The week started off with a brief warm spell…30 whole fahrenheit degrees mid-day, and a little fresh snow. Griff was anxious to get out, so off we went, for a short, easy, ski near our home. I was taking it easy with Griff, because he has developed a “quirky tail”…his bodacious curly tail one of his most obvious physical features was somehow recently injured. Perhaps a case of “limber tail” aka “swimmers tail”, or “cold tail”. (http://www.askavetquestion.com/limbertail.php ). A trip to the vet reassured us it is not broken, and may have been injured while rough-housing with Edgar. Some anti-inflammatory meds seem to be indicated. In any case, it does not seem to bother him at all, and he has been anxious to get out and be active.
The cold weather hit us with a bang again on Tuesday, so it was not until Thursday that we trekked out again. My sister-in-law is also an avid outdoors-woman, so we took both dogs out, to a local trail that runs along a river that ( in the summer) roars as it rushes over falls and through chasms. This day, it was peaceful and quiet, with beautiful ice formations. I used the trekking lead with Edgar, as he can be a bit more “active”, and my sister in law is not used to hiking with a trekking lead. At first, Griff was a bit unsettled with his not having ME behind him, but he quickly got with the program, and had a wonderful time. Both dogs appreciated the chance to get out together mid-week!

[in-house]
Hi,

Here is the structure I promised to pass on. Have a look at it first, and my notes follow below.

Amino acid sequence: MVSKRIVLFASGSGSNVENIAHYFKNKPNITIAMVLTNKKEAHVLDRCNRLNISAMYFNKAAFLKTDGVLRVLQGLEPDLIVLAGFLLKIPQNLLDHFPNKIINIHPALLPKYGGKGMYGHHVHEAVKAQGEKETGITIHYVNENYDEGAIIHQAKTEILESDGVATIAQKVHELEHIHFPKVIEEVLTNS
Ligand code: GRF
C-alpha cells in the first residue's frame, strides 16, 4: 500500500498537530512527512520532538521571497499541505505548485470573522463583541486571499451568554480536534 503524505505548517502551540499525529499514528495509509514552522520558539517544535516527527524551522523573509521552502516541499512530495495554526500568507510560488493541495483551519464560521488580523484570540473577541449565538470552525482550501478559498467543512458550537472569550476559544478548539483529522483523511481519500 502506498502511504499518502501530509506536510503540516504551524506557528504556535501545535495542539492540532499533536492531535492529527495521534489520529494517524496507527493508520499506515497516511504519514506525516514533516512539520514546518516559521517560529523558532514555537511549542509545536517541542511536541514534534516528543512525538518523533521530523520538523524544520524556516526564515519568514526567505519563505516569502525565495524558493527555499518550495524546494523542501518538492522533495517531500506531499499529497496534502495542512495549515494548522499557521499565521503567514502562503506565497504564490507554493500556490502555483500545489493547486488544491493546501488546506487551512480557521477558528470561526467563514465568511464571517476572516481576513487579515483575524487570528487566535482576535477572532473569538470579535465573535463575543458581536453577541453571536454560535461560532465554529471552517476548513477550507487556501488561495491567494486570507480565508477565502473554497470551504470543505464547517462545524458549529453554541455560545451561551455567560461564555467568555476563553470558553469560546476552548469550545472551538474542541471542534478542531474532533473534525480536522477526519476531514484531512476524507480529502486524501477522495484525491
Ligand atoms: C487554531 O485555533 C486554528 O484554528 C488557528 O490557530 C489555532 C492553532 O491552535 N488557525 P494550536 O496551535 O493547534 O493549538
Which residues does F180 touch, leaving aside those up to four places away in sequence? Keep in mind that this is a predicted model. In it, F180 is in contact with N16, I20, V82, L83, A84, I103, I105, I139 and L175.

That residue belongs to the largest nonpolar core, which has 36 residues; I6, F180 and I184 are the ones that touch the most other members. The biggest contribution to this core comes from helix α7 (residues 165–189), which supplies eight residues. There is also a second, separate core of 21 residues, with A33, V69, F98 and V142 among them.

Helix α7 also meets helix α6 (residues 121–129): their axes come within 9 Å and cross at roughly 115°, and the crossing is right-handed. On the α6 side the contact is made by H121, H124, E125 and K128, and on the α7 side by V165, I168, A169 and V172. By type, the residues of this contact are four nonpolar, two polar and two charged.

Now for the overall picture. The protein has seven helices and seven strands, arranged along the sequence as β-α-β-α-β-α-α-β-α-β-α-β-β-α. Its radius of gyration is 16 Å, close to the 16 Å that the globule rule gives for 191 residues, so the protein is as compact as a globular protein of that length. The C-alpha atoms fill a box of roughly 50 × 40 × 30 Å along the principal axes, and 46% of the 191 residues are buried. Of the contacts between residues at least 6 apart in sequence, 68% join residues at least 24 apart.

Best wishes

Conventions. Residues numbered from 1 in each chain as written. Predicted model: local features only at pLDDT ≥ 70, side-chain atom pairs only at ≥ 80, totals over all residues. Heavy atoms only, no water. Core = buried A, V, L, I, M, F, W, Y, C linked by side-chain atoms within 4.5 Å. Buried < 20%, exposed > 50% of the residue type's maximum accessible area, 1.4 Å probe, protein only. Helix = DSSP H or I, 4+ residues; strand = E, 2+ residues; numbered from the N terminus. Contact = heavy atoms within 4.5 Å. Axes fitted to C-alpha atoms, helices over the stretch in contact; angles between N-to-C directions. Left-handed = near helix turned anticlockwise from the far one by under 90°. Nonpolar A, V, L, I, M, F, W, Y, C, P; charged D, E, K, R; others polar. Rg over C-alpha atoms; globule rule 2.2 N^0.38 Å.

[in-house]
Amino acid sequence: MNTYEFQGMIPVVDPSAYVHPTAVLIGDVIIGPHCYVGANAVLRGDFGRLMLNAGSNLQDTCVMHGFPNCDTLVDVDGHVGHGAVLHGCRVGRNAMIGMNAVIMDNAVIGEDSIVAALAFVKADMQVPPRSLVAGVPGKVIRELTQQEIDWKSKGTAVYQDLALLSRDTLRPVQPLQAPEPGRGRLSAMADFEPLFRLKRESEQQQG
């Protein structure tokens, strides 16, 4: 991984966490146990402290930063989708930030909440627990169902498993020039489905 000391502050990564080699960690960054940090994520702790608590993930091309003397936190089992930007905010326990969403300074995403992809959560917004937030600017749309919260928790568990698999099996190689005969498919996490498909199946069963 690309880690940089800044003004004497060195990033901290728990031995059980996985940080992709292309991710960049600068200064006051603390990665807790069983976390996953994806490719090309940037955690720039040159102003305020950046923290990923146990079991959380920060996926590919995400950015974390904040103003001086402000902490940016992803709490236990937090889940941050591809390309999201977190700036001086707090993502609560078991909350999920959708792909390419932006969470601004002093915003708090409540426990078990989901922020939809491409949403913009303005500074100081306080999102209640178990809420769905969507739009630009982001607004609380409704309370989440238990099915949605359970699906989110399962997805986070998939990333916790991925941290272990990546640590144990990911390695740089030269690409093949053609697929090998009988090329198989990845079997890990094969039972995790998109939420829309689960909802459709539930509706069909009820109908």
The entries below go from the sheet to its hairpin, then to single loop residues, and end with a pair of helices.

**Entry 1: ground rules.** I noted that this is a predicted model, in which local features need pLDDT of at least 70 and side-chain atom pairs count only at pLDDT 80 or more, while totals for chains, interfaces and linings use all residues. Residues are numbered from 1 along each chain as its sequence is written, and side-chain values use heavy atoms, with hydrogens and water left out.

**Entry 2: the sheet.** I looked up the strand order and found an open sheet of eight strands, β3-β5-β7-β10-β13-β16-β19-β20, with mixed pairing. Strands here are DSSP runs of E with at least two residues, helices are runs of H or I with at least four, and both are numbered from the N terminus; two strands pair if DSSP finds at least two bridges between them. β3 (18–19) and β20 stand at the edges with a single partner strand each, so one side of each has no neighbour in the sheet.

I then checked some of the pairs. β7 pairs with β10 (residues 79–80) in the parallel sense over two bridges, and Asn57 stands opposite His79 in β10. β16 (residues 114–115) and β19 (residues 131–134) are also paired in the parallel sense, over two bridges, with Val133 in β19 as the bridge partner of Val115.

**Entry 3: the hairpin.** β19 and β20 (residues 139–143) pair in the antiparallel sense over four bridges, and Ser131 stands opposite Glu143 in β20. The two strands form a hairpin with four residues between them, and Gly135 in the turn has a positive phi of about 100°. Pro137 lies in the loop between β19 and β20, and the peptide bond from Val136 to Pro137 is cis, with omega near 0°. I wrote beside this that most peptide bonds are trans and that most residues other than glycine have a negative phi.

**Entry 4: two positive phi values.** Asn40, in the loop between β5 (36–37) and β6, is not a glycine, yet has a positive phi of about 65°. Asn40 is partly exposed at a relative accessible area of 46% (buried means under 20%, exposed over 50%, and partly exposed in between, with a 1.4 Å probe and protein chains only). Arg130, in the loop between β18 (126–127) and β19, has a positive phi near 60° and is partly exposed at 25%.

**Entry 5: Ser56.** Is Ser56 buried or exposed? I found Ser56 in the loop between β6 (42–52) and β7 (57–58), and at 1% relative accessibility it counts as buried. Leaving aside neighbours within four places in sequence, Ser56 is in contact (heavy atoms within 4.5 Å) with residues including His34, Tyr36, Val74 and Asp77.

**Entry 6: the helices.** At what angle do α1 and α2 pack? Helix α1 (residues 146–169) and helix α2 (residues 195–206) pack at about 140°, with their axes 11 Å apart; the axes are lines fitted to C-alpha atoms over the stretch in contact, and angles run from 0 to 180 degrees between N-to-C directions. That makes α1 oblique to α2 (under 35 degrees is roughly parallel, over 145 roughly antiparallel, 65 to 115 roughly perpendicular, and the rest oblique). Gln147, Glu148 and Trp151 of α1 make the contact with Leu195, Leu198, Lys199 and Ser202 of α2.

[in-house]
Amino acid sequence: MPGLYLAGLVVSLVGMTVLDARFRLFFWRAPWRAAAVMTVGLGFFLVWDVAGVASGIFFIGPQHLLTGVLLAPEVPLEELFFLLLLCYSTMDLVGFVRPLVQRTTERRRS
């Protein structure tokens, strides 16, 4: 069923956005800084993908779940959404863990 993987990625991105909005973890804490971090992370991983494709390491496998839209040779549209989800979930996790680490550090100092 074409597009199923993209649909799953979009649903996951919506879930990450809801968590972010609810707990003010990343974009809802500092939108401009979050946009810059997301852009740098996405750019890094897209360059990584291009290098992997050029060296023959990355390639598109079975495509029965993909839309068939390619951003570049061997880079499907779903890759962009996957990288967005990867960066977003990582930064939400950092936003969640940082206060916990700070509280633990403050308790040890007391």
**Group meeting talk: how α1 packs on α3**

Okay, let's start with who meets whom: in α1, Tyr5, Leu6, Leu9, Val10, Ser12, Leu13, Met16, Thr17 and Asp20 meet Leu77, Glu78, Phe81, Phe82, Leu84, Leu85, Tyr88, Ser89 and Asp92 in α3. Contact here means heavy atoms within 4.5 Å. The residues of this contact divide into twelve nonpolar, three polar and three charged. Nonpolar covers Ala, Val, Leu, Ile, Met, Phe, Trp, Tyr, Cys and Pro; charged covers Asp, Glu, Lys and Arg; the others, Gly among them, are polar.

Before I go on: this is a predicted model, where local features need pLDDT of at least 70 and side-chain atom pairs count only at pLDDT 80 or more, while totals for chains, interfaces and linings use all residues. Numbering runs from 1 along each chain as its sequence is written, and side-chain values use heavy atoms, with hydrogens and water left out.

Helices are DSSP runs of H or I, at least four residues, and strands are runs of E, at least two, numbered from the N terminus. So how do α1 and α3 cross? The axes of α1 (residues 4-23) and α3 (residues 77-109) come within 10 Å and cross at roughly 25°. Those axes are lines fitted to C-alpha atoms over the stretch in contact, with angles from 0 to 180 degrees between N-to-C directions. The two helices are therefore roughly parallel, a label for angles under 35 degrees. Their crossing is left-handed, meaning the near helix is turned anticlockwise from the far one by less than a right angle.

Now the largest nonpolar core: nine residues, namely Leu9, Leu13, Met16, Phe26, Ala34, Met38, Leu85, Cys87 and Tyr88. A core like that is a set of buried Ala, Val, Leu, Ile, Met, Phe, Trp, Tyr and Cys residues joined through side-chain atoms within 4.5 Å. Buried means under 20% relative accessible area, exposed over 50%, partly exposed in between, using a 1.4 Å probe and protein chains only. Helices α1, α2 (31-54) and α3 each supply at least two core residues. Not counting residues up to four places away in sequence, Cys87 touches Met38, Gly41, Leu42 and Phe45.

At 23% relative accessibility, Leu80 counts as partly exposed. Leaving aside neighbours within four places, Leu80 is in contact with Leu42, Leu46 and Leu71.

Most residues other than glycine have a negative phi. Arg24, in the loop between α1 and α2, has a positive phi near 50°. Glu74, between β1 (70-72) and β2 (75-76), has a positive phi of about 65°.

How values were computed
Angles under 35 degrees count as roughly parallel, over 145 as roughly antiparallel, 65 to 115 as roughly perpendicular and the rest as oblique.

Friday was a chance to get out skijoring again…our 5 mile recreation path was freshly groomed, so we had soft, untracked corduroy…Griff kept his steady,loping pace, and I only had one wipe-out!
The forecast for Saturday involved a messy mix of rain,sleet and snow arriving in the afternoon. So we headed out early, for an amazing trail network located near the “Granite Capital of the World”, Barre,VT. It was microspikes conditions, 28 degrees, and partly sunny…we saw not another hiker, but the dogs found lots of great wildlife smells! This is primarily a mountain bike center, but in the winter is open, with free access, for skiers and snow shoers.
“The 50 historic quarry sites with their water filled abandoned quarries and evocative quarry ruins provide some of the most unique scenery in Vermont. The dozen or so rock pile lookouts, surprisingly accessible, provide amazing scenic vistas, at times extending almost 75 miles”.
In the summer, the quarries are filled with emerald green water…at this time of year, they are pristine white sheets, and the trails negotiate the rocky cliffs and outcroppings.
So, as February comes upon us, we look forward to the return of fluffy snow, sunny days, warmer temps, and a very special curly tail!